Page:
Andrew Martin has a new post to his blog looking at a technique that could be used to help minimize some of the performance issues you could see on AWS micro instances dealing with PHP session handling. His alternative is serving them from a RAM-based disk instead.
It's rare to find a web server with slow disk I/O performance, but Amazon's EC2 micro-instances are one such example. Their EBS disk subsystem access is rated "low", and this can have a detrimental effect on HTTP throughput. [...] This leaves sessions, which can be written to a redundant and fault tolerant storage system. [...] In order to speed up the disk access, a RAM-based disk can be mounted over the session directory. This has the disadvantage of being volatile - the data is lost in case of a server reboot, or the mount point being unmounted. However if tolerable, storing sessions in RAM insulates the application from poor filesystem performance.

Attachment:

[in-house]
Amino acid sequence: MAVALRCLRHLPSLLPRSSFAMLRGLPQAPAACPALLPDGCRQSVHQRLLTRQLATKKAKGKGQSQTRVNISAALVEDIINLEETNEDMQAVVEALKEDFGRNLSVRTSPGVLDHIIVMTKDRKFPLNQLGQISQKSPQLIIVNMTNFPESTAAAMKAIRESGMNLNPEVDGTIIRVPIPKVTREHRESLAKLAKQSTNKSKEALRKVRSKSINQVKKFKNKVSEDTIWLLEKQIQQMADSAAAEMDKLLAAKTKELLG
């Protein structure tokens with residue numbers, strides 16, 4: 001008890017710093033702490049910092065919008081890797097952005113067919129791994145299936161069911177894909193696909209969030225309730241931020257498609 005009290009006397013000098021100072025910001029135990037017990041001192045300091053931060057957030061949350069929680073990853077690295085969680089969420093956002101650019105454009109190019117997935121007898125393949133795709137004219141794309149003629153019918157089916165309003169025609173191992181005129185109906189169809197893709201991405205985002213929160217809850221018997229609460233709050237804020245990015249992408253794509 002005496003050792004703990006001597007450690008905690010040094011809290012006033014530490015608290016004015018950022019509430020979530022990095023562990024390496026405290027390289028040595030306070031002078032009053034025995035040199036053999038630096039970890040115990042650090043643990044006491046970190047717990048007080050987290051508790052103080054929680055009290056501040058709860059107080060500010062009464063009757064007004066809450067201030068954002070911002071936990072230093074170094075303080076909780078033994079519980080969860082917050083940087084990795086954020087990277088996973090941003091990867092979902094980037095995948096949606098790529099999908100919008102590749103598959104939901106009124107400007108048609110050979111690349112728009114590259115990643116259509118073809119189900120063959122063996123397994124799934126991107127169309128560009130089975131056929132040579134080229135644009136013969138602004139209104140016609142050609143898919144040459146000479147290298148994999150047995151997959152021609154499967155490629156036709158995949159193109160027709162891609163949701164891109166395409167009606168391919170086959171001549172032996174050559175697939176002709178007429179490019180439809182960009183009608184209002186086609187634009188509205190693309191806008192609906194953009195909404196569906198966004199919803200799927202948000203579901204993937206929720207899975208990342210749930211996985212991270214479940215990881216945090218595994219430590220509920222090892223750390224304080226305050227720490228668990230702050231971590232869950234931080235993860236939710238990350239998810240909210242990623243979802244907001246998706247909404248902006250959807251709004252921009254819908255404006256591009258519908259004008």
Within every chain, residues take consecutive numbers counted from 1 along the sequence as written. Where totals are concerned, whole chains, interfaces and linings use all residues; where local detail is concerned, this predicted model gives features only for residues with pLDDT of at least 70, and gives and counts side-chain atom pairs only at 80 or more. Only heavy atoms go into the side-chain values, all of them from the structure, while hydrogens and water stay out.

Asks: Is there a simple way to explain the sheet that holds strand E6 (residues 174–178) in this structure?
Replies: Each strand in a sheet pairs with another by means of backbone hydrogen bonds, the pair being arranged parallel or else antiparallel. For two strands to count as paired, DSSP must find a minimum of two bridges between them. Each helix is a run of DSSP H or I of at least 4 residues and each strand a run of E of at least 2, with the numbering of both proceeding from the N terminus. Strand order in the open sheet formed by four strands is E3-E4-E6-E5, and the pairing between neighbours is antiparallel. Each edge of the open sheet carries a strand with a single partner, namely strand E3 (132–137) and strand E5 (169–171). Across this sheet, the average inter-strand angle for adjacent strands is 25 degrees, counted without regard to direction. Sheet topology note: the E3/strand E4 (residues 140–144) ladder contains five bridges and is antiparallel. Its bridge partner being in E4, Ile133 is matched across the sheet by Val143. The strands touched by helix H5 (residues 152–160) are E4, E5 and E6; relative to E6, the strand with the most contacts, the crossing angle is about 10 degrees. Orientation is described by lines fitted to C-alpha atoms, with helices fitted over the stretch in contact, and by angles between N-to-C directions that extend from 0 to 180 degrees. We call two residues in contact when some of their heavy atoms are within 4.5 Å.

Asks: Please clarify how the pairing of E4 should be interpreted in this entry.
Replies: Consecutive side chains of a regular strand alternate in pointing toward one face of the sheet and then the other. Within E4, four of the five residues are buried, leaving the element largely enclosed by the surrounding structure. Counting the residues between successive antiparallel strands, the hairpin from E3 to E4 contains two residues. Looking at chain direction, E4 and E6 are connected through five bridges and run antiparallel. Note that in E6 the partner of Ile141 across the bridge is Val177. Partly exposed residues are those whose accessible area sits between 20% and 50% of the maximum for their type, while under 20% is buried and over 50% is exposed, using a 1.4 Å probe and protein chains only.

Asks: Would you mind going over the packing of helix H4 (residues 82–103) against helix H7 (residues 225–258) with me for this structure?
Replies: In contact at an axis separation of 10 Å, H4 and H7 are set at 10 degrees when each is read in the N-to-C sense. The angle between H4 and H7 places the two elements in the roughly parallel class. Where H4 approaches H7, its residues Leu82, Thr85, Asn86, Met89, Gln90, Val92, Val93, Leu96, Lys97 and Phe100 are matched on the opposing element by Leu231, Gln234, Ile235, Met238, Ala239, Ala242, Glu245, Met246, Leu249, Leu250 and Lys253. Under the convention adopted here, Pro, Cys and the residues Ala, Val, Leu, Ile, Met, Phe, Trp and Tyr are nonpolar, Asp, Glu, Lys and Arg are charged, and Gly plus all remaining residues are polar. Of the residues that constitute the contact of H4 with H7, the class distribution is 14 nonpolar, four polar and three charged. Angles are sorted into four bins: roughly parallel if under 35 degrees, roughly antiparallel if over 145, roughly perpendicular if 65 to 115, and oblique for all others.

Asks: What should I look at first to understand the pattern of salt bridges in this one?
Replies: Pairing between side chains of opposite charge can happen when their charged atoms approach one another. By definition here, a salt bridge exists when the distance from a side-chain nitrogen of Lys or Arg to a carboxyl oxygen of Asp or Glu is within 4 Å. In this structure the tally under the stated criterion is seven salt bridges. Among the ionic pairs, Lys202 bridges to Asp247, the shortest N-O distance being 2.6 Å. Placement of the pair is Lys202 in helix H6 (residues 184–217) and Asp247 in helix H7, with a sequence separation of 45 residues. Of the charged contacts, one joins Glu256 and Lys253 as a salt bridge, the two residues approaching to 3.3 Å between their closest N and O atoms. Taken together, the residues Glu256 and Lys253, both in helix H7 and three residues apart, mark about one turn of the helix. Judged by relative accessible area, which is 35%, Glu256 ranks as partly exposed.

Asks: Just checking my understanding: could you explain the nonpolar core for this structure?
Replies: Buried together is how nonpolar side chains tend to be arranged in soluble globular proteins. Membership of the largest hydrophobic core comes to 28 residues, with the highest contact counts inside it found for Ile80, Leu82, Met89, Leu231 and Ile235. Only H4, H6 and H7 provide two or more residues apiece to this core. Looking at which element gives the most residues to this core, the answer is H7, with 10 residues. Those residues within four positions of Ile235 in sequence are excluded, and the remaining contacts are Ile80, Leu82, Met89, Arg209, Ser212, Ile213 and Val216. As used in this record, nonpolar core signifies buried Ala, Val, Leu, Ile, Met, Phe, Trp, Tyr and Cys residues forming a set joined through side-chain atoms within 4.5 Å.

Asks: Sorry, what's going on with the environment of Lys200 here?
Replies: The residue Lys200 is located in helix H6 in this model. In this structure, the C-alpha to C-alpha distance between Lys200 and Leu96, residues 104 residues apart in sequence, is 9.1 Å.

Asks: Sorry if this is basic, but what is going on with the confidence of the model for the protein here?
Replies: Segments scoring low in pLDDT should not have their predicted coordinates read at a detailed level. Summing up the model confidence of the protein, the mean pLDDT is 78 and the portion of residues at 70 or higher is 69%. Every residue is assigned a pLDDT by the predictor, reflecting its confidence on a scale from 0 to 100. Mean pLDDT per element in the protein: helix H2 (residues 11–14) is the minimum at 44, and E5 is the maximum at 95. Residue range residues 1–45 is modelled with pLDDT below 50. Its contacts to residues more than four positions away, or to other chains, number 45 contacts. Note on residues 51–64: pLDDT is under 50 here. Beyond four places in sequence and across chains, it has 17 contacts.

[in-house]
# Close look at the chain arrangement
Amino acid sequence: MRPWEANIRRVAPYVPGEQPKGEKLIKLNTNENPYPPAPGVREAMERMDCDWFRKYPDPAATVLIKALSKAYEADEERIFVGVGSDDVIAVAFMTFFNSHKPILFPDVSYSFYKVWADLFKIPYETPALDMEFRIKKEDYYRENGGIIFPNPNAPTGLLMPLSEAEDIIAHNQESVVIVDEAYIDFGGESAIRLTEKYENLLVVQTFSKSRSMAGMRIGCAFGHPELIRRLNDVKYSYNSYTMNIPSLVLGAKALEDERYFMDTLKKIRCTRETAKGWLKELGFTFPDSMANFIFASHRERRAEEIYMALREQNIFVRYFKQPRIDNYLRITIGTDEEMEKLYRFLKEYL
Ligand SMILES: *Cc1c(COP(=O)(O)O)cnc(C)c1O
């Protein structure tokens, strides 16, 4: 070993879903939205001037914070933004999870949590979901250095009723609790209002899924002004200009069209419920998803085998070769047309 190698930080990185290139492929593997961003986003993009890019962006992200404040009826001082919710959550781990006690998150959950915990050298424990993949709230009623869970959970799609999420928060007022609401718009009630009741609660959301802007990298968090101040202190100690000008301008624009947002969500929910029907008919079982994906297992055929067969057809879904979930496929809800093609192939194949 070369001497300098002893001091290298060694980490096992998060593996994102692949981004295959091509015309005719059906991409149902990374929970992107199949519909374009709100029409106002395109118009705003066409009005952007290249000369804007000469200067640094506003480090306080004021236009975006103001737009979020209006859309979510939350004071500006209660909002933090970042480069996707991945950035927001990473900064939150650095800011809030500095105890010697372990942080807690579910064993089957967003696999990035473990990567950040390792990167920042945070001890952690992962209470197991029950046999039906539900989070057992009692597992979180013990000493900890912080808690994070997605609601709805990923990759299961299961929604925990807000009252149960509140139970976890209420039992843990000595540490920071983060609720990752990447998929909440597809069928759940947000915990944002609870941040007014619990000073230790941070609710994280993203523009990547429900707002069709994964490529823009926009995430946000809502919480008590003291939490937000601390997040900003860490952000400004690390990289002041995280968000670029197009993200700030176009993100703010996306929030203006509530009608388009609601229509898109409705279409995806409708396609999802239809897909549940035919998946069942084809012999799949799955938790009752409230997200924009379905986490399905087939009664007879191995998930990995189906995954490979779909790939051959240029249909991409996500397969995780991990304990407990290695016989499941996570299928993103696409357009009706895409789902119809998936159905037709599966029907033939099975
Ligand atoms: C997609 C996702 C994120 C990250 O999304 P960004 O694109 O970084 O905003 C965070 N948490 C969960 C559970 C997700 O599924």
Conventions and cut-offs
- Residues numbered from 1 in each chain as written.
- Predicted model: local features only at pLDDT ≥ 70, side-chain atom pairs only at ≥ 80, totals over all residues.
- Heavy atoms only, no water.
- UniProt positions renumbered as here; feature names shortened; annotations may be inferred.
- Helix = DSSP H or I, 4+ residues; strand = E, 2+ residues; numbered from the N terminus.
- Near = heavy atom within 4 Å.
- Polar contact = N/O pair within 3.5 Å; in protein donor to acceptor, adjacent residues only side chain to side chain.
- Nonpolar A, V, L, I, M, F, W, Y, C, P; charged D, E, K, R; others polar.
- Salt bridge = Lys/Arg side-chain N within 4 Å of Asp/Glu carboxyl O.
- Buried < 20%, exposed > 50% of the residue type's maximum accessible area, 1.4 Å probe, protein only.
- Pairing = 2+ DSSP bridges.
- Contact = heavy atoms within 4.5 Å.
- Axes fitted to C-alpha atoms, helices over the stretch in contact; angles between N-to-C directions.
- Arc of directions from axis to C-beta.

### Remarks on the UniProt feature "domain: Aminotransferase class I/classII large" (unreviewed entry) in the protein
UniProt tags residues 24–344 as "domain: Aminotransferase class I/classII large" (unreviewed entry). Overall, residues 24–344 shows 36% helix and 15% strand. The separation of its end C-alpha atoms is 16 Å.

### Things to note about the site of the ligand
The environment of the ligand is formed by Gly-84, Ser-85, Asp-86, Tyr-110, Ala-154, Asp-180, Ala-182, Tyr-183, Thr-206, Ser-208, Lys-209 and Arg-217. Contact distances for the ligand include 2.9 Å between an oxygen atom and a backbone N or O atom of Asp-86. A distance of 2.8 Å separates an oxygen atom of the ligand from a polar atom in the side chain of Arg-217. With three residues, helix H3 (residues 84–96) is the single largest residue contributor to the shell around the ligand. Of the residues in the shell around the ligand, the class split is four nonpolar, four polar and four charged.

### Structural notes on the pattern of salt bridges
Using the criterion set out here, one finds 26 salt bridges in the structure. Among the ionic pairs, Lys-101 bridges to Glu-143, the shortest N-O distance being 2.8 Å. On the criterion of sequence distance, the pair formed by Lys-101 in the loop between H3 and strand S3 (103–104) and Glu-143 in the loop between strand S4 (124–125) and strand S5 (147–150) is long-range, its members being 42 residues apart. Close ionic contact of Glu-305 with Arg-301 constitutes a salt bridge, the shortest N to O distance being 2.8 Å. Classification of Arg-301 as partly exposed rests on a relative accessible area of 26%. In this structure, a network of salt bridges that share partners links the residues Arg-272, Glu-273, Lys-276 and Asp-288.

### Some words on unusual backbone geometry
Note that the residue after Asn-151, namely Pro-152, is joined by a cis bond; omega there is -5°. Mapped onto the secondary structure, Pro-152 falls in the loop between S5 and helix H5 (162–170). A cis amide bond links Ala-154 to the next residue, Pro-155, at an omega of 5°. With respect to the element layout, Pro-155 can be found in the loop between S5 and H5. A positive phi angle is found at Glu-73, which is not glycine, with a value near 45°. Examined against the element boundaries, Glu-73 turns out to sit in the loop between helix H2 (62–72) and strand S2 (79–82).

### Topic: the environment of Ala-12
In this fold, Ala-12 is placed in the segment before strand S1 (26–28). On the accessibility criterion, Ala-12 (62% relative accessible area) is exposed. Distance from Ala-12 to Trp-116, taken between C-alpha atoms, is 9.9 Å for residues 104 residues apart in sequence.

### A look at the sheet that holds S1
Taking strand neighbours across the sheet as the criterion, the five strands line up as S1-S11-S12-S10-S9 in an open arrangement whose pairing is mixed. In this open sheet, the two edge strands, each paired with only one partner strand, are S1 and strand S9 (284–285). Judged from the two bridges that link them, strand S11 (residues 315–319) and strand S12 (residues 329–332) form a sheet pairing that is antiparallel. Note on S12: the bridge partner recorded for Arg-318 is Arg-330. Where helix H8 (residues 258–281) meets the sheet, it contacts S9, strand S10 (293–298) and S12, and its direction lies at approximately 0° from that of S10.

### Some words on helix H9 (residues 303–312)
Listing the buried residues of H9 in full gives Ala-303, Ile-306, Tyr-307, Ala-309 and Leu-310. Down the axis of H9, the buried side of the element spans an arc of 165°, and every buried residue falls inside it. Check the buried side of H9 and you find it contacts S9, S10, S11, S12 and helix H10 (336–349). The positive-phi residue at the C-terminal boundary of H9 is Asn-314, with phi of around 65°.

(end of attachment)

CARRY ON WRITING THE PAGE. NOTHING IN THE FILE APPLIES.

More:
He mentions the two types of kernels that can be used, ramfs and tmpfs, and the specifics of using a tmpfs filesystem to implement the technique (complete with command line calls to make it happen).